Former dealership wins new trial in “straw buyer” case
A former Chrysler-Jeep dealership has won a new trial in a South Carolina "straw buyer" case.
In a victory for Stivers Automotive of Lexington Inc., the South Carolina Supreme Court said the trial judge should have let a jury decide whether the store breached its dealer agreement with the South Carolina Federal Credit Union as alleged in the lender's lawsuit over a defaulted loan. Stivers gave up the franchises after the transaction involved in the case.
The credit union claims that a dealership salesman knew the creditworthy "owner" who signed the loan documents was the sister of the actual uncreditworthy buyer, who defaulted, thus violating the agreement under which Stivers assigned her contract.
The dealer agreement warranted that Stivers didn't "knowingly communicate" incorrect information to the lender and that the buyer "has legal capacity" to execute the contract.
According to the court, Hiram Riley wanted to buy a used 2006 Ford Taurus but didn't qualify for financing. The salesman recommended he get a co-signer, and Riley's sister agreed to do it. The salesman took the paperwork to her home for signature.
The salesman explained the documents, and the sister indicated she understood and signed them, but the court said that "the paperwork was drafted so she was the sole purchaser, not a co-signer."
Riley picked up the car with the understanding that he would make payments. He stopped making payments, however, after the lender learned the car was uninsured and obtained a "forced insurance policy," almost doubling Riley's monthly payments. Riley told the lender where to recover the car, and it was auctioned for less than half the sale price and below market value, the dealership alleged.
The lender's suit against the sister for the unpaid balance was dismissed on the ground that she had dementia and was incompetent to sign contracts, court papers said. The lender then sued Stivers for the deficiency.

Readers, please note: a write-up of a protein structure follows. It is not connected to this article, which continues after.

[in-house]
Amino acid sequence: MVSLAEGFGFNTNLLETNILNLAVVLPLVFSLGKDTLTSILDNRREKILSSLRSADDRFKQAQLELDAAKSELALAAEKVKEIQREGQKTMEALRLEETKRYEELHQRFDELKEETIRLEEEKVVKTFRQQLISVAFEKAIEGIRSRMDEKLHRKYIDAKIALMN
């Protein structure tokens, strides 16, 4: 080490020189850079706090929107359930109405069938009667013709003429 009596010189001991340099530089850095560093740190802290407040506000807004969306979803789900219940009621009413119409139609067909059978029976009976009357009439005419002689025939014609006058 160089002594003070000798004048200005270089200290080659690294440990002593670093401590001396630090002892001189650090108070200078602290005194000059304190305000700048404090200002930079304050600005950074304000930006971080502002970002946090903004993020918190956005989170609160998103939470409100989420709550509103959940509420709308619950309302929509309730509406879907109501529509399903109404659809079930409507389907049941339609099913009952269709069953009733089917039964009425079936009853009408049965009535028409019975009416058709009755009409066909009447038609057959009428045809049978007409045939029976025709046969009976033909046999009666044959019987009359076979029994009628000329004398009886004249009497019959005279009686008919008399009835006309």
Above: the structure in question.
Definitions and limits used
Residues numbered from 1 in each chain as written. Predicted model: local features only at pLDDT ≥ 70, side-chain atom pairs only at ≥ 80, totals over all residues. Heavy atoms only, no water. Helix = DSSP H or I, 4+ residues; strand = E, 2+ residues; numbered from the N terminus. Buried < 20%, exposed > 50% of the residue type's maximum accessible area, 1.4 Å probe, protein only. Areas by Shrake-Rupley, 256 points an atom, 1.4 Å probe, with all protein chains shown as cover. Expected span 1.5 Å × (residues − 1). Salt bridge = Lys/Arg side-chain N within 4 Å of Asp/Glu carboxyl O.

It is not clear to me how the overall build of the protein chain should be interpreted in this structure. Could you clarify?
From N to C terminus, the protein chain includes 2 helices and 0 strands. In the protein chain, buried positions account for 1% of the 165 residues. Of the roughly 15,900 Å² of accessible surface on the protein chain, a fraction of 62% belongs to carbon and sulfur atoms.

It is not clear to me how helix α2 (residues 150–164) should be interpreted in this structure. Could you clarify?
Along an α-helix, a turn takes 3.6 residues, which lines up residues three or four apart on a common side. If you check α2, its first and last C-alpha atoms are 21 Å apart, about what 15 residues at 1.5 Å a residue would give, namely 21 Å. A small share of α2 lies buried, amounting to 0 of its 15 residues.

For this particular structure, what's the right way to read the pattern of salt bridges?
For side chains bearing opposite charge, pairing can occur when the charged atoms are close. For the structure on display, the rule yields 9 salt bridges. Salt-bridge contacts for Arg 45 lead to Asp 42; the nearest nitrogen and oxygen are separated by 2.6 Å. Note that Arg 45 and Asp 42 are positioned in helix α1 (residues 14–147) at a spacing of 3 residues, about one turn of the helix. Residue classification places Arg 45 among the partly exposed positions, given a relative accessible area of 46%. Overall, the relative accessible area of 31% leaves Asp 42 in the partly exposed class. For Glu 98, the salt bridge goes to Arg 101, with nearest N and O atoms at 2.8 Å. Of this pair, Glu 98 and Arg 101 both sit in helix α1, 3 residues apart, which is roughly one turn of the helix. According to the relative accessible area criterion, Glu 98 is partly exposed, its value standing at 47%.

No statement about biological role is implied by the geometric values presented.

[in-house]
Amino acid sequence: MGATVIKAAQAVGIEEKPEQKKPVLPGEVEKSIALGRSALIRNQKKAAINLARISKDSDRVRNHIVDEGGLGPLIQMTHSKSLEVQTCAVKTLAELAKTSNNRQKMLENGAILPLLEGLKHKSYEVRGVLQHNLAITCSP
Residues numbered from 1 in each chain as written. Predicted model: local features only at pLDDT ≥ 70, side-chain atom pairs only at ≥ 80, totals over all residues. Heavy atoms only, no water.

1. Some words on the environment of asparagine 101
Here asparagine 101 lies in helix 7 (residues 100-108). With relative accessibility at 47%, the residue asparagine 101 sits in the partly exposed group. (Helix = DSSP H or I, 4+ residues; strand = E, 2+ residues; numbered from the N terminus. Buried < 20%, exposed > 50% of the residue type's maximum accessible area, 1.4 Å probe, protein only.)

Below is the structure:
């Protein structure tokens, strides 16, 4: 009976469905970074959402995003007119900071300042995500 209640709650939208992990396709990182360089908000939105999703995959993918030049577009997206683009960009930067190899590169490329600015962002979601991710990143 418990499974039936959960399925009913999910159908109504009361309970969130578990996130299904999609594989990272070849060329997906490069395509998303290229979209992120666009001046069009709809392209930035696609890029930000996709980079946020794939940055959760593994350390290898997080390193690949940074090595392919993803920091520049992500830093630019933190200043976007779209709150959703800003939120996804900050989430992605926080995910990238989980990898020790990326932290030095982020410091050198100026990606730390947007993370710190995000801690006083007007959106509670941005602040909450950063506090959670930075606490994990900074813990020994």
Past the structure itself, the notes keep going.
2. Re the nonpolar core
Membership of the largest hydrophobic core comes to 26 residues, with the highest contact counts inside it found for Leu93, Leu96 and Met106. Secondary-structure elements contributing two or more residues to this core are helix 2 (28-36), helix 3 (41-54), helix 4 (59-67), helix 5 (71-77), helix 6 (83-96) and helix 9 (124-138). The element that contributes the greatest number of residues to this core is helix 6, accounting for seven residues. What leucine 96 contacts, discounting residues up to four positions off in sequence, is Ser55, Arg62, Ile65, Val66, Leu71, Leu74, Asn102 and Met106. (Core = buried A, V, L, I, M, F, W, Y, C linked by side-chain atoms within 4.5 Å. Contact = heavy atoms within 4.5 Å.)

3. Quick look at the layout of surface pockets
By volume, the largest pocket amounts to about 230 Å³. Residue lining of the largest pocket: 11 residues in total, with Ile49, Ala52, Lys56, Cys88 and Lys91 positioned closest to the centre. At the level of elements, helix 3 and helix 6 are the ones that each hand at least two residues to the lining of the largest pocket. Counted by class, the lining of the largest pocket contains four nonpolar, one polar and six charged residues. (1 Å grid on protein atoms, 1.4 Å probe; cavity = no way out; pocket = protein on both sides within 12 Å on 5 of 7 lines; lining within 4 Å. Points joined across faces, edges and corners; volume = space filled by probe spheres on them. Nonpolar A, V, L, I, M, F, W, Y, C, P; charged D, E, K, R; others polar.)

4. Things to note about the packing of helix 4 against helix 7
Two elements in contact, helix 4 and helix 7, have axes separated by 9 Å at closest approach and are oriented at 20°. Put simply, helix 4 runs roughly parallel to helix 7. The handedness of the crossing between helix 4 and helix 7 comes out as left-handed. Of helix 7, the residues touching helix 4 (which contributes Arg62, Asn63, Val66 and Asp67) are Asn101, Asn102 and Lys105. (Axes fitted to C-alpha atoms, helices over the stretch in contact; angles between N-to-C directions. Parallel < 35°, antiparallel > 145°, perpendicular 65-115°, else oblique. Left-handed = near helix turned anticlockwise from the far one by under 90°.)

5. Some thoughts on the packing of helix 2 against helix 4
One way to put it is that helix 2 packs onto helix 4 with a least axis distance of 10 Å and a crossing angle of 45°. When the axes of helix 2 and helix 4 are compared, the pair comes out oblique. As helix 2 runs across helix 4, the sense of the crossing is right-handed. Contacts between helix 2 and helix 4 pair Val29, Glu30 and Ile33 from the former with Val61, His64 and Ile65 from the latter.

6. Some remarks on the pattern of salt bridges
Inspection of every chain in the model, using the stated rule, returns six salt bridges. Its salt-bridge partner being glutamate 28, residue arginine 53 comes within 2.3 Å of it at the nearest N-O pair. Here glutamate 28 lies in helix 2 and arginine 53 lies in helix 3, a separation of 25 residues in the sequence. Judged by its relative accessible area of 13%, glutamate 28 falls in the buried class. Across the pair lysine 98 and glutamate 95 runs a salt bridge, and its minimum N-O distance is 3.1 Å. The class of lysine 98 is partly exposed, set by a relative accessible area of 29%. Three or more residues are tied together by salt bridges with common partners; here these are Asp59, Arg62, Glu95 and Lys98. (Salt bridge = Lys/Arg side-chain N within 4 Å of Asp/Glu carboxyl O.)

Stivers disputed the claim, arguing that the sister was competent and that the dealer agreement did not prohibit assigning contracts where a borrower intends a relative to use the vehicle.
At trial, the judge entered a directed verdict in favor of the lender and awarded $17,612 plus attorney fees. He found that the sister lacked mental capacity to contract, and thus Stivers breached its dealer agreement.
But the state Supreme Court found enough evidence for a jury to decide whether the sister had the capacity to sign. For example, she was still driving and was current on her home equity and credit card payments.
At a new trial, the jury should also decide whether Stivers violated any other warranties and whether the credit union's disposition of the car was commercially reasonable, the court said.
Stivers' lawyer, Greg Studemeyer of Columbia, said: "Some lenders believe their broadly drafted dealer agreements guarantee a stream of income when dealers assign retail installment agreements to them, and that in the event of default, they are free to repossess and dispose of the collateral as they see fit and ultimately hold the dealer responsible for any loss. This case stands for the proposition that lenders have the same obligation to dealers as they have to consumers to dispose of collateral in a commercially reasonable manner to minimize losses."
Credit union attorney Cynthia Lowery of Charleston said she cannot comment because the case remains in litigation.
Editor's note: An earlier version of this story included an incorrect byline.
You can reach Eric Freedman at email@example.com.